And while I am still interested in the game, and on finishing my series of articles for beginners, I’m starting to feel a little burnt out from playing it every day. So last night after finishing my article on items, I threw in what I can only call a palate cleanser, a much simpler game with clear cut objectives and little in the way of moral ambiguity. That’s right, I played Doom. 😉
That was a good decision, since Doom is quite fun, and really speaks to the efficacy of my new monitor. (Which is actually my friend’s old monitor, but it was better than the one I had and has an HDMI port, so I can play games in my room instead of on the big TV. Of course, now I never need to leave my room, advancing my Hikikomori status another level. Good thing I have children to take care of, or I might withdraw completely.)
Anyway, I’m convinced that I need to cut back on Monster Hunter a bit, which is both ok, and a problem since there is one week left in Monster Hunter March(™)(not really ™). Fortunately, I am pretty much done with my coverage, and the only further article I have planned is describing the quest system. Unfortunately I am not able to give feedback on one of the biggest draws, the ability to invite other people into your quest to help you fight your monsters, since I can’t do that myself. I think therefore that my beginner’s guide is almost done. Are there other topics I should touch upon? I’m directing this question mostly at Mario, since he’s also playing the game, but also to the readers at large: is there anything else you would like to know, before or while starting the game?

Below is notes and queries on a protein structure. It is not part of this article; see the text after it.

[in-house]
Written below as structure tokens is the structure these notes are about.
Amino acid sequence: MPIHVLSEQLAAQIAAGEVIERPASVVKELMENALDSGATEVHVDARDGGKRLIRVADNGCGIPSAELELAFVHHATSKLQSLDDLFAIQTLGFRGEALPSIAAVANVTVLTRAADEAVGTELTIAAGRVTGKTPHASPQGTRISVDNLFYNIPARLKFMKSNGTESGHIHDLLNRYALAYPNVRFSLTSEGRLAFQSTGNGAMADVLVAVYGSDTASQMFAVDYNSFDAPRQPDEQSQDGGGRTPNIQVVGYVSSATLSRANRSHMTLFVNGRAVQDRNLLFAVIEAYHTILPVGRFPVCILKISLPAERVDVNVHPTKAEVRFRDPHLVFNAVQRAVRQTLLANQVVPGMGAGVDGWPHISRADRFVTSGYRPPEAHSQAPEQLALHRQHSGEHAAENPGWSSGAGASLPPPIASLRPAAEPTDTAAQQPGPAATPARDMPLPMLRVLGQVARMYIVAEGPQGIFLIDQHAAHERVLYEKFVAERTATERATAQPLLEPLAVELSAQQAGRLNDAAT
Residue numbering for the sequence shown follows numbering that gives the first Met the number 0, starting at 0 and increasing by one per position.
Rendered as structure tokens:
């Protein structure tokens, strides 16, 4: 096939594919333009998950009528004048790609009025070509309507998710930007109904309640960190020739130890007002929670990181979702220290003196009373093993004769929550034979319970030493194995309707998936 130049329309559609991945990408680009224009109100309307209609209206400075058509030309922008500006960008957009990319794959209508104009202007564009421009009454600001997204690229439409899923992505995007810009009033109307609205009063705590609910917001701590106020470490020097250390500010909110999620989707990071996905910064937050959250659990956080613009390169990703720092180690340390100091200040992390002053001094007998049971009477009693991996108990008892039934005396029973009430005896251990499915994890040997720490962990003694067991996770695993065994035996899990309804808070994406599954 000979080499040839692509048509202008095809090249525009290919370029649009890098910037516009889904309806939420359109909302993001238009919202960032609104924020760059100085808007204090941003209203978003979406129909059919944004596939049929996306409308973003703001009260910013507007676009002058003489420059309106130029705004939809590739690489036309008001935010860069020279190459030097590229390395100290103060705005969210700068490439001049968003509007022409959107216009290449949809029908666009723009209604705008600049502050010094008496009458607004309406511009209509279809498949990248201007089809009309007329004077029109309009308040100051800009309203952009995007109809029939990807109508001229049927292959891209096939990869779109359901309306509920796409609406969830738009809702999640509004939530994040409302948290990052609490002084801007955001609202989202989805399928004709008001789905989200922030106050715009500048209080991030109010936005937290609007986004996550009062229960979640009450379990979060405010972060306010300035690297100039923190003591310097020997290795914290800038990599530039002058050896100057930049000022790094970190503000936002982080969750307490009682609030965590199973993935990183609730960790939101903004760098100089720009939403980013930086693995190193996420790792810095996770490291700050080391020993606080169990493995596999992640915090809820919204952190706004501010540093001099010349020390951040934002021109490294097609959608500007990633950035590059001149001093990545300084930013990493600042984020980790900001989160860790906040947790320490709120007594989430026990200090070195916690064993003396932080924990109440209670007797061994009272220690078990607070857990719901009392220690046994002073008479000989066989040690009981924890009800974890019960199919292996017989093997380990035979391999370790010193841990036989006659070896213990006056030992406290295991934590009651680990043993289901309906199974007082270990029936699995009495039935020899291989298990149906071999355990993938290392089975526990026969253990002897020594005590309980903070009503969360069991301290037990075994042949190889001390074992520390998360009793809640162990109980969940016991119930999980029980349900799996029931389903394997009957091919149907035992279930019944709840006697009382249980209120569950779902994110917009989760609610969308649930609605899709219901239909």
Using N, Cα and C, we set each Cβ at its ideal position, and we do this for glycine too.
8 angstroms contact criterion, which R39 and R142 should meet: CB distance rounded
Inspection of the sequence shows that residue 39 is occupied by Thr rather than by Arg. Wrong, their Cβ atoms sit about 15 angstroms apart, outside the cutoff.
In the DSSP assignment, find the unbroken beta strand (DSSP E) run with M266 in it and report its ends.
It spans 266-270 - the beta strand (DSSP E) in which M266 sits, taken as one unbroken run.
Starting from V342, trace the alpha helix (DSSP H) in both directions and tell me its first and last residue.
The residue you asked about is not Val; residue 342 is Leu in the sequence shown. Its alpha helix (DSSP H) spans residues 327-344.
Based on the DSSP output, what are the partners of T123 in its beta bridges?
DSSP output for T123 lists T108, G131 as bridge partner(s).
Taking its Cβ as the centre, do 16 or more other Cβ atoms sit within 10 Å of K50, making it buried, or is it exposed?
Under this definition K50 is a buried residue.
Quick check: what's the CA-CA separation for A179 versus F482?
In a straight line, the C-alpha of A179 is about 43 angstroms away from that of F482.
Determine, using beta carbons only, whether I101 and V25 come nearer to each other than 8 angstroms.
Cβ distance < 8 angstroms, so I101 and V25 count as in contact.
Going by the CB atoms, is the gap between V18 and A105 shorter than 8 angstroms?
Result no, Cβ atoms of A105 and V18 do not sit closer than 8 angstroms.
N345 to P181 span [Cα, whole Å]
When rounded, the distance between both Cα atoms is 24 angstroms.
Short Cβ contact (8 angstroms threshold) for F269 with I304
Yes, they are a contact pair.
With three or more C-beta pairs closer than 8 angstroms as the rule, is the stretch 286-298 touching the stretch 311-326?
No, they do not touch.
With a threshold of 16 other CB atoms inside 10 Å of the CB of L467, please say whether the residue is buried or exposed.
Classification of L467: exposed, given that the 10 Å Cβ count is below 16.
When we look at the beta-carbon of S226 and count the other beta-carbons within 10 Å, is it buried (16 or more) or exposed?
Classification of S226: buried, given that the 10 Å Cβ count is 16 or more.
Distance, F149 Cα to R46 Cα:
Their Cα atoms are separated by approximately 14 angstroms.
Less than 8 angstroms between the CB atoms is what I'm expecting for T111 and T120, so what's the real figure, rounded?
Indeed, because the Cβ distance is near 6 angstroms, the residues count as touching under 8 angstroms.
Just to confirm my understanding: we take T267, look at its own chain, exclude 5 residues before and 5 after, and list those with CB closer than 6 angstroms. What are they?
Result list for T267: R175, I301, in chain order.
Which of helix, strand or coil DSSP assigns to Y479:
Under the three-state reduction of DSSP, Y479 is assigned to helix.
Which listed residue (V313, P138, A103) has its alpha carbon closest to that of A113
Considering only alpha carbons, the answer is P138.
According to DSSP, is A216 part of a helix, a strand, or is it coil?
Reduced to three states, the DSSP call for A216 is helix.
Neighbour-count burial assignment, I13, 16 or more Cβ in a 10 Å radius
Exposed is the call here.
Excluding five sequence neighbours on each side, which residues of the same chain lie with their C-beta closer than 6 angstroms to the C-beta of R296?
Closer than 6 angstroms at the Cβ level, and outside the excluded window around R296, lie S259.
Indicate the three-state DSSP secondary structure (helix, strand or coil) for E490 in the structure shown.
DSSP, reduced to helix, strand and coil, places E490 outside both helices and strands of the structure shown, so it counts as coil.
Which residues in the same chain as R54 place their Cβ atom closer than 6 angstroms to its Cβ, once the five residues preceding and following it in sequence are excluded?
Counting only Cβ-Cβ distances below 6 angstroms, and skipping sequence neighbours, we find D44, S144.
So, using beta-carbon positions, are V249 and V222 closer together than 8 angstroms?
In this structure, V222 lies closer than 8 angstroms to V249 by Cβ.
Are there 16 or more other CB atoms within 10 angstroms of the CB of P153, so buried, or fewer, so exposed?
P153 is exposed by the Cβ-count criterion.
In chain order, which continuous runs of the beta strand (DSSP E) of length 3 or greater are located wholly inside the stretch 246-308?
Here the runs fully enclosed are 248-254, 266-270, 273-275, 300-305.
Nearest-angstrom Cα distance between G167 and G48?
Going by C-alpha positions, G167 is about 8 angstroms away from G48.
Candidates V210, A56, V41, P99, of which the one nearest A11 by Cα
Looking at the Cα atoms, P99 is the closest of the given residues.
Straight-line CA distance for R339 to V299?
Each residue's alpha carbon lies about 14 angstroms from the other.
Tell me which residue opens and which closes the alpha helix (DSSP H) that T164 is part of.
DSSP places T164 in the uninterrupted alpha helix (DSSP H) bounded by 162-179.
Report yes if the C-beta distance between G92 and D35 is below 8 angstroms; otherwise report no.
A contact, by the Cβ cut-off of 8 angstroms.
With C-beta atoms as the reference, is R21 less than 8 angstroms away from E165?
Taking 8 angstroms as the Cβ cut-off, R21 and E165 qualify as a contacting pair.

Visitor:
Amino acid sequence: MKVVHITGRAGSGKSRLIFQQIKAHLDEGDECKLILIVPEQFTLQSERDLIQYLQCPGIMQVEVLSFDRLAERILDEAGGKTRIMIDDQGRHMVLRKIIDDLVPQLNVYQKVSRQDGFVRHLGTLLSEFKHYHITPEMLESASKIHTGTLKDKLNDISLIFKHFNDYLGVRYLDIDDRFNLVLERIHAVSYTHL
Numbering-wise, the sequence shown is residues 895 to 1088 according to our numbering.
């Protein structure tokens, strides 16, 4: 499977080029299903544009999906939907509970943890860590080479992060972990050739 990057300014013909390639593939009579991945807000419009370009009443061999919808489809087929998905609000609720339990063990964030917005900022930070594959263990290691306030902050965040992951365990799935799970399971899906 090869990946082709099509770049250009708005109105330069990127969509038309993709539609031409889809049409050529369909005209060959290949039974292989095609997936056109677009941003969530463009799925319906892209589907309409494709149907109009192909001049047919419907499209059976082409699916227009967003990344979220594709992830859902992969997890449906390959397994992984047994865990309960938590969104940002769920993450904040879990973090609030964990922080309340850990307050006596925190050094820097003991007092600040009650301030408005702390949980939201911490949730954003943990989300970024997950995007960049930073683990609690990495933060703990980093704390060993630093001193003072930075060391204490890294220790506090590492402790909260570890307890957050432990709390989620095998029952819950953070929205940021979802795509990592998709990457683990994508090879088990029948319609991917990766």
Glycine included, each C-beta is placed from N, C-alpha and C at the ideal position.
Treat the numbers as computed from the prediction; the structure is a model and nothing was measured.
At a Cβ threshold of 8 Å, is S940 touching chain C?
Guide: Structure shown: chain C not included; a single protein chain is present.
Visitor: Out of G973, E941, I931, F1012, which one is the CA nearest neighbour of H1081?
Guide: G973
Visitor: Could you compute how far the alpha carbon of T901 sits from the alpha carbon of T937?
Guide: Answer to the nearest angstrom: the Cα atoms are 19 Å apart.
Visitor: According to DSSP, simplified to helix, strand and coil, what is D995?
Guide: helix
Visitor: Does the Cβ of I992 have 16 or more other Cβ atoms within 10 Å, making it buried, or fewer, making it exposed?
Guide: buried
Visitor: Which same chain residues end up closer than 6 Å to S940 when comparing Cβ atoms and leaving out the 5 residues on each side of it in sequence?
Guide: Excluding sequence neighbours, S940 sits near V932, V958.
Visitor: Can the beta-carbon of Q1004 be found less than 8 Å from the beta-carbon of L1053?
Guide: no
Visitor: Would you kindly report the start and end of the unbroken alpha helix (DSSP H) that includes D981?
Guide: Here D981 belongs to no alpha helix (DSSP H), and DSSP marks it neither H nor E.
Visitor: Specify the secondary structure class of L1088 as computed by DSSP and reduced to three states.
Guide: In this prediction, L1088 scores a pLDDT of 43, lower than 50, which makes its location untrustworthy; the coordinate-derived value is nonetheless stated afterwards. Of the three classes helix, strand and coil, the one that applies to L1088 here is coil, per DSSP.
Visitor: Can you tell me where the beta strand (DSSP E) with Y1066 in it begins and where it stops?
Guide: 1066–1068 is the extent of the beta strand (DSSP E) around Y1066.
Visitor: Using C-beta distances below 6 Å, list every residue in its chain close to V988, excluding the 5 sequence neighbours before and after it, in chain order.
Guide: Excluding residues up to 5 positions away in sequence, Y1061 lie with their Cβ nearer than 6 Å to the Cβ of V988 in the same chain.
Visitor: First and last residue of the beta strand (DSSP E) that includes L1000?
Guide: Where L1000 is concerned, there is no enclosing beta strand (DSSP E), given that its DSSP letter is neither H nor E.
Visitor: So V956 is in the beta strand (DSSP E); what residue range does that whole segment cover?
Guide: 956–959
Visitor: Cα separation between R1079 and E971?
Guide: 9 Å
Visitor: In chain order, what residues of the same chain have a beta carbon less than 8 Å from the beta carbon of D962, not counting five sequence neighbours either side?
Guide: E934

Ok. With that out of the way, let me move on to my main topic of the day: ranting about the Bow.
Now, let’s make one thing clear: I understand that Monster Hunter World is a game. I don’t expect everything to make logical, intuitive sense. Like, I don’t ask why you can only carry ten Herbs at a time, in a pouch that can also carry five Large Barrels. I don’t ask why swinging around a chunk of metal bigger than your torso doesn’t cause you to have a hernia. I don’t ask why right after a large territorial monster is killed, a new one moves in that follows the exact same behavioral patterns. (I don’t ask. But I notice. 😛 )
And to be honest, I do like using the Bow. Sure, it has the absolute lowest attack power of any weapon, and sure, it is quite difficult to manage its high stamina consumption. But it can hit flying enemies without difficulty, it has a strong finishing move, and if you know the trick to it, you can potentially mount a monster without scuttling around on ledges and walls like a chump.
But there is one element of the bow that leaves me with nothing but unanswered questions: the coatings.
Bow coatings supposedly give your arrows special properties: Close-range coatings shorten your range in exchange for supposedly increased damage, but seems more like increased spread like a shotgun blast; Power coatings supposedly increase damage (but frankly, not very much?) and the various status effect coatings, yes, inflict their particular status effect. But my questions are thus:
What the heck is a coating? I mean, from the name, you expect it to be something painted on the arrow heads, right? But a coating is applied by slapping something onto your Bow (with a satisfying thunk, I do admit) and removed by pulling it off. I mean, it could be some sort of gadget that paints arrows as you draw them, I guess, but that just raises further questions.